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Oscar Pistorius trial: 'Sound was cricket bat banging bathroom door, not gunshots'

The chief defence lawyer in Oscar Pistorius' murder trial has sought to undermine the prosecution evidence of a couple who say they heard a woman's screams and gunfire the night the athlete fatally shot his girlfriend.

Lawyer Barry Roux said telephone records will show that the banging sounds the neighbours heard were instead a distressed Pistorius hitting a toilet door with a cricket bat to get to fatally wounded girlfriend Reeva Steenkamp.

Charl Johnson and his wife Michelle Burger have testified to hearing a sequence of events in the pre-dawn hours of Valentine's Day last year that involved a woman screaming, a man shouting for help and then the sound of gunshots.

Cross-examining Mr Johnson on the third day of the blockbuster trial, Mr Roux said call records will show Pistorius called an estate manager at around 3.19am and soon after he bashed in the door with the bat.

In Mr Johnson and Ms Burger's evidence, they said they heard what they described as shots straight after making a call to security at 3.16am. The similar times show the sounds were the bat on the door, Mr Roux argued.

"There is only one thing you could have heard, because it coincides precisely," Mr Roux said to Mr Johnson. "That was the time that he (Pistorius) broke down the door (with the bat)."

Mr Johnson replied, addressing the judge: "My lady, I am convinced the sound I heard was gunshots."

"I understand," Mr Roux said in the exchange, suggesting Mr Johnson had convinced himself they were shots.

Throwing doubt on the witnesses' recollection of the sequence is crucial for Pistorius' defence after the state maintained there was a loud argument on the night he shot Ms Steenkamp through a door in his bathroom and screams and shouts before a gun was fired.

Pistorius' team wants to show the screams were Pistorius calling for help after the accidental shots.

After a break, prosecutor Gerrie Nel asked for permission to stand down Mr Johnson until tomorrow to get more records. The judge agreed and the case moved on to its fourth witness.

Pistorius, 27, has said he shot 29-year-old Ms Steenkamp by accident, fearing she was a dangerous intruder in his home. The case has transfixed people around the world, and the proceedings are being broadcast on television, adding to the scrutiny of South Africa's criminal justice system as well as the character of a globally-admired athlete whose career peaked when he ran in the 2012 Olympics.

Pistorius was born without fibula bones because of a congenital defect and his legs were amputated when he was 11 months old. He has run on carbon-fibre blades and was initially banned from competing against able-bodied peers because many argued that his blades gave him an unfair advantage. He was later cleared to compete. He is a multiple Paralympic medallist but he failed to win a medal at the London Olympics.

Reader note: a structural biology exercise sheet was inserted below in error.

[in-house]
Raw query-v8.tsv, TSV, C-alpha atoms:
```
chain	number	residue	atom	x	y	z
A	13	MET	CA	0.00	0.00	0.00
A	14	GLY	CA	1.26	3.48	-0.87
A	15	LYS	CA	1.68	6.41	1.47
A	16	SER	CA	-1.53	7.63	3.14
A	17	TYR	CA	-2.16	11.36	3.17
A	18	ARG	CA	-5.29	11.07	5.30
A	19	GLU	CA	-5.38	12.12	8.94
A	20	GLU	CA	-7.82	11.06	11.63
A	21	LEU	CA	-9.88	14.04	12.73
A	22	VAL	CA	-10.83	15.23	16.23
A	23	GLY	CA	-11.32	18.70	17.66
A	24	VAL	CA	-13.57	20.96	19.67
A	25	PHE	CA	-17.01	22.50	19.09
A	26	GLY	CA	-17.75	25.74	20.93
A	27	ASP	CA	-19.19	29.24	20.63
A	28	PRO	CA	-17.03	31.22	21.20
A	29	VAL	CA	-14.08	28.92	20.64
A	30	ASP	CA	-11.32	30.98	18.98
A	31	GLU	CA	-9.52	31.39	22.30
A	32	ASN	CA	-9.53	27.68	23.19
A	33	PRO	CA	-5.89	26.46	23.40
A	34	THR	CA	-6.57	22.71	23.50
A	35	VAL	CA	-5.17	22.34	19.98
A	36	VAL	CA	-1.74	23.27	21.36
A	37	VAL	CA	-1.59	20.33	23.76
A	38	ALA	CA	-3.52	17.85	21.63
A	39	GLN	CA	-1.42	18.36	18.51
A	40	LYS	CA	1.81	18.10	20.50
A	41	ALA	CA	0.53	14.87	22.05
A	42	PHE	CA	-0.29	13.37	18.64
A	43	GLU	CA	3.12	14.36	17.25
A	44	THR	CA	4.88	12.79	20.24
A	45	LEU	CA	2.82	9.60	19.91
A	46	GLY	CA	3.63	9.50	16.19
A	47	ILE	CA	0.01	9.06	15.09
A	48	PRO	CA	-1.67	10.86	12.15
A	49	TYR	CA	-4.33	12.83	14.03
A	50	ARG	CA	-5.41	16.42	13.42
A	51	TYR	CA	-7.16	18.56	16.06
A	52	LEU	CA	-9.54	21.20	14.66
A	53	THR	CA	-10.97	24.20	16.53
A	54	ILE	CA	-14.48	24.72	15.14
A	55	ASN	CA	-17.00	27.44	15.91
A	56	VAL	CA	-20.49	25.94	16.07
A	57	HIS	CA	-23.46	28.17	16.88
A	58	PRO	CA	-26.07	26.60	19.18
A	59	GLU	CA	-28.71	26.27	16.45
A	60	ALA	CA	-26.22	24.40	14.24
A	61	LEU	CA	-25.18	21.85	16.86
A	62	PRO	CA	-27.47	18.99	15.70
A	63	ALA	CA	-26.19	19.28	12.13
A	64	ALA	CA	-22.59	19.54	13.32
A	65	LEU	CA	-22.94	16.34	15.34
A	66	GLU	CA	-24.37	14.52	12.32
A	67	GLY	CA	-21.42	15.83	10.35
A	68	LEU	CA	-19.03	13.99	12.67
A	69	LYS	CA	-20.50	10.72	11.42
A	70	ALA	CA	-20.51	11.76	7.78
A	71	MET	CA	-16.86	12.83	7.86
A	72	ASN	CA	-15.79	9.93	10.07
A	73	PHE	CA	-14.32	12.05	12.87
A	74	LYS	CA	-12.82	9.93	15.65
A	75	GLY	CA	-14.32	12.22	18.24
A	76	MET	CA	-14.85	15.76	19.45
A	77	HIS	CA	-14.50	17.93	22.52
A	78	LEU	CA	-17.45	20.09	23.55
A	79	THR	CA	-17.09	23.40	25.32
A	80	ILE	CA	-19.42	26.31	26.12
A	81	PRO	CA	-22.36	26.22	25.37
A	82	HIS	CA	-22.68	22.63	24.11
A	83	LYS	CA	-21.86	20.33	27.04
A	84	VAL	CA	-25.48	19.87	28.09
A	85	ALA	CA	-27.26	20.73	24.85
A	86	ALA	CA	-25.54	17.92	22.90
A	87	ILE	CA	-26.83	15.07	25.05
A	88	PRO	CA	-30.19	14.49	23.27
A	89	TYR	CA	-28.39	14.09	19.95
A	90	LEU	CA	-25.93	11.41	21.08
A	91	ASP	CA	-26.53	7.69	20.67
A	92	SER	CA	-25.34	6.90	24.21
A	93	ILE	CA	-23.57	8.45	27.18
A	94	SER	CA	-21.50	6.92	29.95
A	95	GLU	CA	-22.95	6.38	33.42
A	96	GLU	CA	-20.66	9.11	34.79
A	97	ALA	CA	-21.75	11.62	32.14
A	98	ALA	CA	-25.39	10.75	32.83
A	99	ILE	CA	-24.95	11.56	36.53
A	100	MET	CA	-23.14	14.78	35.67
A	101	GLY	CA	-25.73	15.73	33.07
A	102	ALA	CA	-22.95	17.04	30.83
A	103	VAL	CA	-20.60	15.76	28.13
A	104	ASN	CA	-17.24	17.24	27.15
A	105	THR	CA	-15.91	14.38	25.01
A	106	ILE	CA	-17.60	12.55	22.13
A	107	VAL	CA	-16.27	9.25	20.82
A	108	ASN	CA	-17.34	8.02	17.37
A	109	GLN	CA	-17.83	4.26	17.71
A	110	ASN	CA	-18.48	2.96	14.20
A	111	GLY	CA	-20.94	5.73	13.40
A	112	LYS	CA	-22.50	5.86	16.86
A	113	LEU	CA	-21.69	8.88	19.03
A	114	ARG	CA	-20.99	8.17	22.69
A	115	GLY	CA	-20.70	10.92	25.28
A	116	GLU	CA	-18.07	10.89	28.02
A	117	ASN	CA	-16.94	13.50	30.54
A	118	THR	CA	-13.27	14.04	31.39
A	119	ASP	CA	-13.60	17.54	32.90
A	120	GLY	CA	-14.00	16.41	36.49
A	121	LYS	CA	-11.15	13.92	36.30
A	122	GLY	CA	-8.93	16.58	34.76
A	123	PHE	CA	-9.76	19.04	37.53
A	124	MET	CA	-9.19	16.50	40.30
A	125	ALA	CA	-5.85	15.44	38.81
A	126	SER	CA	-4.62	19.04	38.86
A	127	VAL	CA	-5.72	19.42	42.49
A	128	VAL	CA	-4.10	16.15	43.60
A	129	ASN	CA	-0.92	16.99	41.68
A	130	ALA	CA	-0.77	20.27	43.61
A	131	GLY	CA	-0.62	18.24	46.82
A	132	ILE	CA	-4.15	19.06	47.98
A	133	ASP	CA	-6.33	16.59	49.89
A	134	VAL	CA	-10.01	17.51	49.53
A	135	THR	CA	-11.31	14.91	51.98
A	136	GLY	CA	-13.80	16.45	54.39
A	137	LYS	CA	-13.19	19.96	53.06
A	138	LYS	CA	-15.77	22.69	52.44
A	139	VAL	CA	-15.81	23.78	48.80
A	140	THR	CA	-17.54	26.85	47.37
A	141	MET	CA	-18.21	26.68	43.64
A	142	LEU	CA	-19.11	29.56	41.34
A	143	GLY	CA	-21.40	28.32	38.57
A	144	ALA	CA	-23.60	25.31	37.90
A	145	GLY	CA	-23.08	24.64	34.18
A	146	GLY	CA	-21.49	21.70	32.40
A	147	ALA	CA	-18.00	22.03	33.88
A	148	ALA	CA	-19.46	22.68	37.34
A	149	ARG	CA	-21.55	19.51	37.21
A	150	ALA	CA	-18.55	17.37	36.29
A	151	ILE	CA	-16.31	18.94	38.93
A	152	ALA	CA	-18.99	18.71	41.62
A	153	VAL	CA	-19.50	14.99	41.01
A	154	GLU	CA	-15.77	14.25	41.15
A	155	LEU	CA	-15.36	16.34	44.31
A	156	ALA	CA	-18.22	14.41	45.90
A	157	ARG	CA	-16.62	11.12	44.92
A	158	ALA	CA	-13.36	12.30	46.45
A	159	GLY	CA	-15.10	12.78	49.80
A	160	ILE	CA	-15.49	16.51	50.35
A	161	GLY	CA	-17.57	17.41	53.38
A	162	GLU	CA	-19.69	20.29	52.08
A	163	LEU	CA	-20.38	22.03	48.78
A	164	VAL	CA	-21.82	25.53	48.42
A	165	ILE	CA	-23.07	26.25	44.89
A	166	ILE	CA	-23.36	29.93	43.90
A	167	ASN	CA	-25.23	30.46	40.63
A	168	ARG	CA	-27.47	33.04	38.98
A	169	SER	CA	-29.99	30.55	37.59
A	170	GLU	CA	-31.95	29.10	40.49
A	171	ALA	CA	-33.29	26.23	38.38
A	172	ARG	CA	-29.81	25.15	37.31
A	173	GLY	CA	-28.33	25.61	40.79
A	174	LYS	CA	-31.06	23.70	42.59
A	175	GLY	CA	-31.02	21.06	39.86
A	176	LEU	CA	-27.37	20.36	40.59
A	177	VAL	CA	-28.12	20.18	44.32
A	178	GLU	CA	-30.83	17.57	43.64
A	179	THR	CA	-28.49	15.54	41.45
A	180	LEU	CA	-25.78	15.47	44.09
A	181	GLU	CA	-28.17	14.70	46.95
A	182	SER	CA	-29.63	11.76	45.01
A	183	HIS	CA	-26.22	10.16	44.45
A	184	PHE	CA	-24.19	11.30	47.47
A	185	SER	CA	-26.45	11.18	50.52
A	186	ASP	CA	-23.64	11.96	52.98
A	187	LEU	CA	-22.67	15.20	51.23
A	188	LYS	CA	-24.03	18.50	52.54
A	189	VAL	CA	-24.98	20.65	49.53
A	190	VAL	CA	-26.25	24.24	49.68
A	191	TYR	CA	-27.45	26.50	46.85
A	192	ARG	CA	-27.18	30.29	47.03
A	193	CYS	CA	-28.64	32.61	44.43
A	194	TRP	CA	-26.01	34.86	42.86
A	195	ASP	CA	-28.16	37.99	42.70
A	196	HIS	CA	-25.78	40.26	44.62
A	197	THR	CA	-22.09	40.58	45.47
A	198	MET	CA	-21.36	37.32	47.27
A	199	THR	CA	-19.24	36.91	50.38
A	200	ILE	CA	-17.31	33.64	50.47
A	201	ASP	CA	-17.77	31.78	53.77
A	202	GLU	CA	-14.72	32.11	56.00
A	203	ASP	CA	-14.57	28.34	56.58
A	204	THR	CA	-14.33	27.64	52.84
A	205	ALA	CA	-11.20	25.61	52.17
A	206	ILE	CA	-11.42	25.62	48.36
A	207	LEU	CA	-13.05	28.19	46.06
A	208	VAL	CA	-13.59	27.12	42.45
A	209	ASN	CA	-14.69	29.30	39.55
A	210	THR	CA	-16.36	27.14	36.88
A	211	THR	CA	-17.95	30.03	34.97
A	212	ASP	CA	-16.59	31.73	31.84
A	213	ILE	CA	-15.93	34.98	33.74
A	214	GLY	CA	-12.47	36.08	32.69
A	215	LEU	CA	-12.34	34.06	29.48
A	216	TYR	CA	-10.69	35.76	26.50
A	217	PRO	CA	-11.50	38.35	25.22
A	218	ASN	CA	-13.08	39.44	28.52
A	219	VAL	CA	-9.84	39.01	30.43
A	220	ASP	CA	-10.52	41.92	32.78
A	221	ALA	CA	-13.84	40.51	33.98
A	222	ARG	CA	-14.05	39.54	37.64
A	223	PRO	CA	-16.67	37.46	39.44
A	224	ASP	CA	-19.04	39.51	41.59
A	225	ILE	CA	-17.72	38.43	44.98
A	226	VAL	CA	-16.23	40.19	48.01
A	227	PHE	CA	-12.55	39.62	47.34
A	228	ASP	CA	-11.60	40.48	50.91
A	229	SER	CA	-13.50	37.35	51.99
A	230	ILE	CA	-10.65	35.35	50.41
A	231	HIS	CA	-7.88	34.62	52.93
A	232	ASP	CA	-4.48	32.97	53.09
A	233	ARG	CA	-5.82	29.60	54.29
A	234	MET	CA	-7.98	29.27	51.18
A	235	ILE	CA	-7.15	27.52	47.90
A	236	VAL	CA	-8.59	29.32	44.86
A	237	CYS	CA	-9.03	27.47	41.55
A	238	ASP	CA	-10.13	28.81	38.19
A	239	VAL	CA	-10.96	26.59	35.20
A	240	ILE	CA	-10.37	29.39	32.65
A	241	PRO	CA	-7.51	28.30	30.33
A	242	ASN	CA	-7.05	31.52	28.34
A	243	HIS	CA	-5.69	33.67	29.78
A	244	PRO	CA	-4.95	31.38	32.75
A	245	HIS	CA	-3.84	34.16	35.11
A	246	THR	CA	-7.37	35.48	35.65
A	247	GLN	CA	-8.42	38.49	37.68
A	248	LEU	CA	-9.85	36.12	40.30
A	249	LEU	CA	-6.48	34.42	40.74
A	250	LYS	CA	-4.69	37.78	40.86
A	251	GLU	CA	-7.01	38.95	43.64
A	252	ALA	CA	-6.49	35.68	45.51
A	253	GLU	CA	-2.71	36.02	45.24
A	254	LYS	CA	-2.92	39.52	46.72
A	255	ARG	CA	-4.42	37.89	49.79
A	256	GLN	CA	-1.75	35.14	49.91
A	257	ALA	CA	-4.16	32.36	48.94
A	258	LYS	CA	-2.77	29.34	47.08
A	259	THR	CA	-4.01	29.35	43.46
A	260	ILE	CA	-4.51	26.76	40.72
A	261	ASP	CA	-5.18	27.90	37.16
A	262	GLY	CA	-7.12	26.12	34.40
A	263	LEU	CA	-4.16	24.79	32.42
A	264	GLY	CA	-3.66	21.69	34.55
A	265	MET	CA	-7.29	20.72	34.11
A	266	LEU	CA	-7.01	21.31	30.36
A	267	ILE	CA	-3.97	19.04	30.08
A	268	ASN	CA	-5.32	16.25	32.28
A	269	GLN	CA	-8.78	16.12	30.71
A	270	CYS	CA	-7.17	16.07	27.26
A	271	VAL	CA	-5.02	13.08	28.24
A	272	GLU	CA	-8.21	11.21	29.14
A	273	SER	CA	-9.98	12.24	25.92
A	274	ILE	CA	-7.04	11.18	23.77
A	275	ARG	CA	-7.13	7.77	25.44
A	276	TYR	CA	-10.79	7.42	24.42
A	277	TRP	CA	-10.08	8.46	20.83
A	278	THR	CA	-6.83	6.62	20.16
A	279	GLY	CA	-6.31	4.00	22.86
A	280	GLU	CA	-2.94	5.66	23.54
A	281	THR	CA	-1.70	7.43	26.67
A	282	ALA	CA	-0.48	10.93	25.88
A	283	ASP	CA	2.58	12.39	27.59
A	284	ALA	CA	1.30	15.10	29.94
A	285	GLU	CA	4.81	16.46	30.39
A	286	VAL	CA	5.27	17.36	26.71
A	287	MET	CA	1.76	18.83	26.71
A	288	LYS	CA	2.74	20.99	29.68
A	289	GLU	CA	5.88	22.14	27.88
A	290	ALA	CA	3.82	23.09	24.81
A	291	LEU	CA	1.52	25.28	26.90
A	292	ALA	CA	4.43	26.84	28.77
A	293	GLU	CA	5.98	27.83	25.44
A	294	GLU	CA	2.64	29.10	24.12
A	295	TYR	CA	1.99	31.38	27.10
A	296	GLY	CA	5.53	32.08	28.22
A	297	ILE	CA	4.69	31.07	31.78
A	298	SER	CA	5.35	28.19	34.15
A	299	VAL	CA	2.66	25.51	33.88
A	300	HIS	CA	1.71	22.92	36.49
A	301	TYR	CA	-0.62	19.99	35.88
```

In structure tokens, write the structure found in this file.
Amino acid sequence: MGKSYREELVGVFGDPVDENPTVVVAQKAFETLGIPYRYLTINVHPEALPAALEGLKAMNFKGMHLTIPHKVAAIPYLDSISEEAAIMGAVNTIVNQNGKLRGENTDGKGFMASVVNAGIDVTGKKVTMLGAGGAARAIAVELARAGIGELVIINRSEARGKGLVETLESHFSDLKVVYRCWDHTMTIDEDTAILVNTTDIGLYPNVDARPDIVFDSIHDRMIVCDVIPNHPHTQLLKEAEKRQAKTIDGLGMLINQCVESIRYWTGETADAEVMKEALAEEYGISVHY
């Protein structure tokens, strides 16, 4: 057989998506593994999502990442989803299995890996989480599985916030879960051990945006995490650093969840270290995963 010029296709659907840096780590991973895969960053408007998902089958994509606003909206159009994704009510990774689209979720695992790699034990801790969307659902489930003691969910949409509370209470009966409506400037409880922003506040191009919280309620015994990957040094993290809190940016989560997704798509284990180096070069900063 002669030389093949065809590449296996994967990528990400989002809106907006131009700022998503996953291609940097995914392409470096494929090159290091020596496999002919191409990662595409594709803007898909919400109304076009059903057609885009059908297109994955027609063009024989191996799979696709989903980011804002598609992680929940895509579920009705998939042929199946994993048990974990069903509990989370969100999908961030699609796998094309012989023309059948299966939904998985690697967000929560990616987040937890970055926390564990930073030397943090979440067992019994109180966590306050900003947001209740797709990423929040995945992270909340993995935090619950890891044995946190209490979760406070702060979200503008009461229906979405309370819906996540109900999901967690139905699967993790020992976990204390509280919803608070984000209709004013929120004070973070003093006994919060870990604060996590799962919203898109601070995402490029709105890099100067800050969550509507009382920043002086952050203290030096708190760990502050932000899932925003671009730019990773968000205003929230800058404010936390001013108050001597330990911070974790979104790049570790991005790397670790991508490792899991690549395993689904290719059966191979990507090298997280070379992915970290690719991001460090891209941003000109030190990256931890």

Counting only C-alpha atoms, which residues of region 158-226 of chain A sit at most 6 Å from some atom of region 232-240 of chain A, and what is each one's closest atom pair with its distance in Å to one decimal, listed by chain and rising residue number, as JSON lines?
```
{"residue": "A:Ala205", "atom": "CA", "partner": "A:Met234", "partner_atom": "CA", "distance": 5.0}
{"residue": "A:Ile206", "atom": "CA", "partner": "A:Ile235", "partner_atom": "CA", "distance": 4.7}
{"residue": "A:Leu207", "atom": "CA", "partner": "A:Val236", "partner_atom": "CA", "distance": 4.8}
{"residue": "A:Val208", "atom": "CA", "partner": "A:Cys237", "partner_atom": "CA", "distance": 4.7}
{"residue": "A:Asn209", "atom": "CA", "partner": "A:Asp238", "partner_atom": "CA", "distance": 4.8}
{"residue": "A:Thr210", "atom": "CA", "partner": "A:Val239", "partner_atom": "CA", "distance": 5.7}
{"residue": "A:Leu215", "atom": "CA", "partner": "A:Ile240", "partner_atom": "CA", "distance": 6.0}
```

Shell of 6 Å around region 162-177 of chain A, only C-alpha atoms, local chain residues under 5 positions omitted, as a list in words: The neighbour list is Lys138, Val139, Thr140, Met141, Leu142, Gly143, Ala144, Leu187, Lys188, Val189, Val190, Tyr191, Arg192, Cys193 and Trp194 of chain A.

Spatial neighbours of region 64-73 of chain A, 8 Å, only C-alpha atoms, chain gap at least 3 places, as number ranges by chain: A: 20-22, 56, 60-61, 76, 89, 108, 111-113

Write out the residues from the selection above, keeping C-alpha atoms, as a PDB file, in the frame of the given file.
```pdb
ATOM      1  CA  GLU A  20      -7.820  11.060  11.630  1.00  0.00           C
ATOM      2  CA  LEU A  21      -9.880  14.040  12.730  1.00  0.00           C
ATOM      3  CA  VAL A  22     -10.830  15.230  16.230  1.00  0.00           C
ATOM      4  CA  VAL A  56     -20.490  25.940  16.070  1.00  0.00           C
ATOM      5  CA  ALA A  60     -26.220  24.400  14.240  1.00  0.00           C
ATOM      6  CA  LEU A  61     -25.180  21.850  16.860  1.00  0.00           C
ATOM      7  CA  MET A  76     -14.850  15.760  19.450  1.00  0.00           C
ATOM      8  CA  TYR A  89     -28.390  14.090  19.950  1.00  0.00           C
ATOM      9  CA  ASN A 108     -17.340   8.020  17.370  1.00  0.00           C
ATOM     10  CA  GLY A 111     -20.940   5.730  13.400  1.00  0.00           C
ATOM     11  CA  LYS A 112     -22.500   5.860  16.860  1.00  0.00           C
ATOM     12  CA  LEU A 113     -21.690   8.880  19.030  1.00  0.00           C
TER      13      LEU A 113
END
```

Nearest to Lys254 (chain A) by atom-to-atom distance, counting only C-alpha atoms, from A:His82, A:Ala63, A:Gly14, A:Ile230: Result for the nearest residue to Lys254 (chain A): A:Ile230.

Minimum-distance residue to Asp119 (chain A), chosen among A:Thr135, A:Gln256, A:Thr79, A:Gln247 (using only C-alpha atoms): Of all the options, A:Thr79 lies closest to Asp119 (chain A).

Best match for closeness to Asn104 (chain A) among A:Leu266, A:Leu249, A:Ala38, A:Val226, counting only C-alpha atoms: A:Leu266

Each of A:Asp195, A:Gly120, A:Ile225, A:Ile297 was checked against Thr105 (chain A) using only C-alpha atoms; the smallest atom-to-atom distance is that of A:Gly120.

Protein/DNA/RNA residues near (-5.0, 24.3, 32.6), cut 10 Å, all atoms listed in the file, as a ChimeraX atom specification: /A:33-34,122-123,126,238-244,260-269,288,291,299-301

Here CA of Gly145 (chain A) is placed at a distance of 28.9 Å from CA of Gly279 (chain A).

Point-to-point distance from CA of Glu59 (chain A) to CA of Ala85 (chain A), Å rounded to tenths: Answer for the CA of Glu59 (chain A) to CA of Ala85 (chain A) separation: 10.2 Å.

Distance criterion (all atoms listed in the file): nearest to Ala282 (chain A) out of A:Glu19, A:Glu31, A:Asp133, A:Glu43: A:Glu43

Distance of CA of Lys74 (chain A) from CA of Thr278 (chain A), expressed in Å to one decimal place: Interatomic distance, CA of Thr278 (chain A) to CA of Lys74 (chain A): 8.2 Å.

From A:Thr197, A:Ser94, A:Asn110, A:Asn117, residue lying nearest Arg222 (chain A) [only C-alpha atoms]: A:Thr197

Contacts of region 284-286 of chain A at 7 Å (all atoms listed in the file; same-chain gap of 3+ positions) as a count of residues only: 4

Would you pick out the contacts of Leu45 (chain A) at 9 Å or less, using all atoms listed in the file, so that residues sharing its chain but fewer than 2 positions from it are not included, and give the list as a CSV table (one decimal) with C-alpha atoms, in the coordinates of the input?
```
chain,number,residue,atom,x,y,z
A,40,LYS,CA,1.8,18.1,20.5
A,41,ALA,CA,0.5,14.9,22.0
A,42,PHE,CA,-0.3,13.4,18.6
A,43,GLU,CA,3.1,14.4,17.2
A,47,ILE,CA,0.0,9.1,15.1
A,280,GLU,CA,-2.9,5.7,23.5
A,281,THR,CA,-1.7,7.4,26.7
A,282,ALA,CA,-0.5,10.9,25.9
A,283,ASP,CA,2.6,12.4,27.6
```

Lawyer Mr Roux earlier attacked the evidence of Mr Johnson and Ms Burger by also saying similarities in their accounts indicated that they had aligned their versions at the expense of truth.

In his evidence, Mr Johnson told the court in South African capital Pretoria that he heard the cries of a terrified woman and shooting around the time that Pistorius killed Ms Steenkamp.

Mr Johnson's wife, Ms Burger, had given similar evidence and at one point broke down in tears because of what she said was the memory of the terrified screams of a woman.

Mr Roux said there were differences between the statements that Mr Johnson and Ms Burger had given to police after the shooting, and evidence that they gave in court. Both the statements and the evidence given in court shared similarities, Mr Roux said, implying that the couple had contaminated their evidence by talking through what they were going to say.

"You could just as well have stood together in the witness box," Mr Roux said. "What do you say to that?"

The tart assertion drew a caution from Judge Thokozile Masipa, who told Mr Roux he had gone too far.

Mr Roux contended that crucial elements in the evidence of the couple were missing in their earlier comments to police, including the statements that they heard a woman's screams rising in anxiety and intensity and that they heard the woman's voice "fading" after the last in a volley of gunshots.

Mr Johnson suggested that he and his wife were more expressive while giving evidence in court than when providing information for a police document.

"I would venture a guess that it's the way you verbally tell the story," he said. "There's a lot more emotion involved ... whereas the statement is more factual."

At the beginning of proceedings today, prosecutor Mr Nel said Mr Johnson's telephone number had been read out in court a day earlier. Mr Johnson then said he had since received a "large amount" of missed calls.

He described one voicemail message as saying: "Why are you lying in court? You know Oscar didn't kill Reeva. It's not cool."

Further reading:

Oscar Pistorius trial: The case for and against premeditated murder - interactive graphic

Oscar Pistorius trial: Paddy Power defends 'sick' betting advert, describing murder case as 'like OJ Simpson on steroids'

Oscar Pistorius trial: Reeva Steenkamp murder witness tells court 'When I'm in the shower, I relive her shouts' 

Oscar Pistorius trial: 'Bloodcurdling screams, then four gunshots' described by Reeva Steenkamp murder witness 

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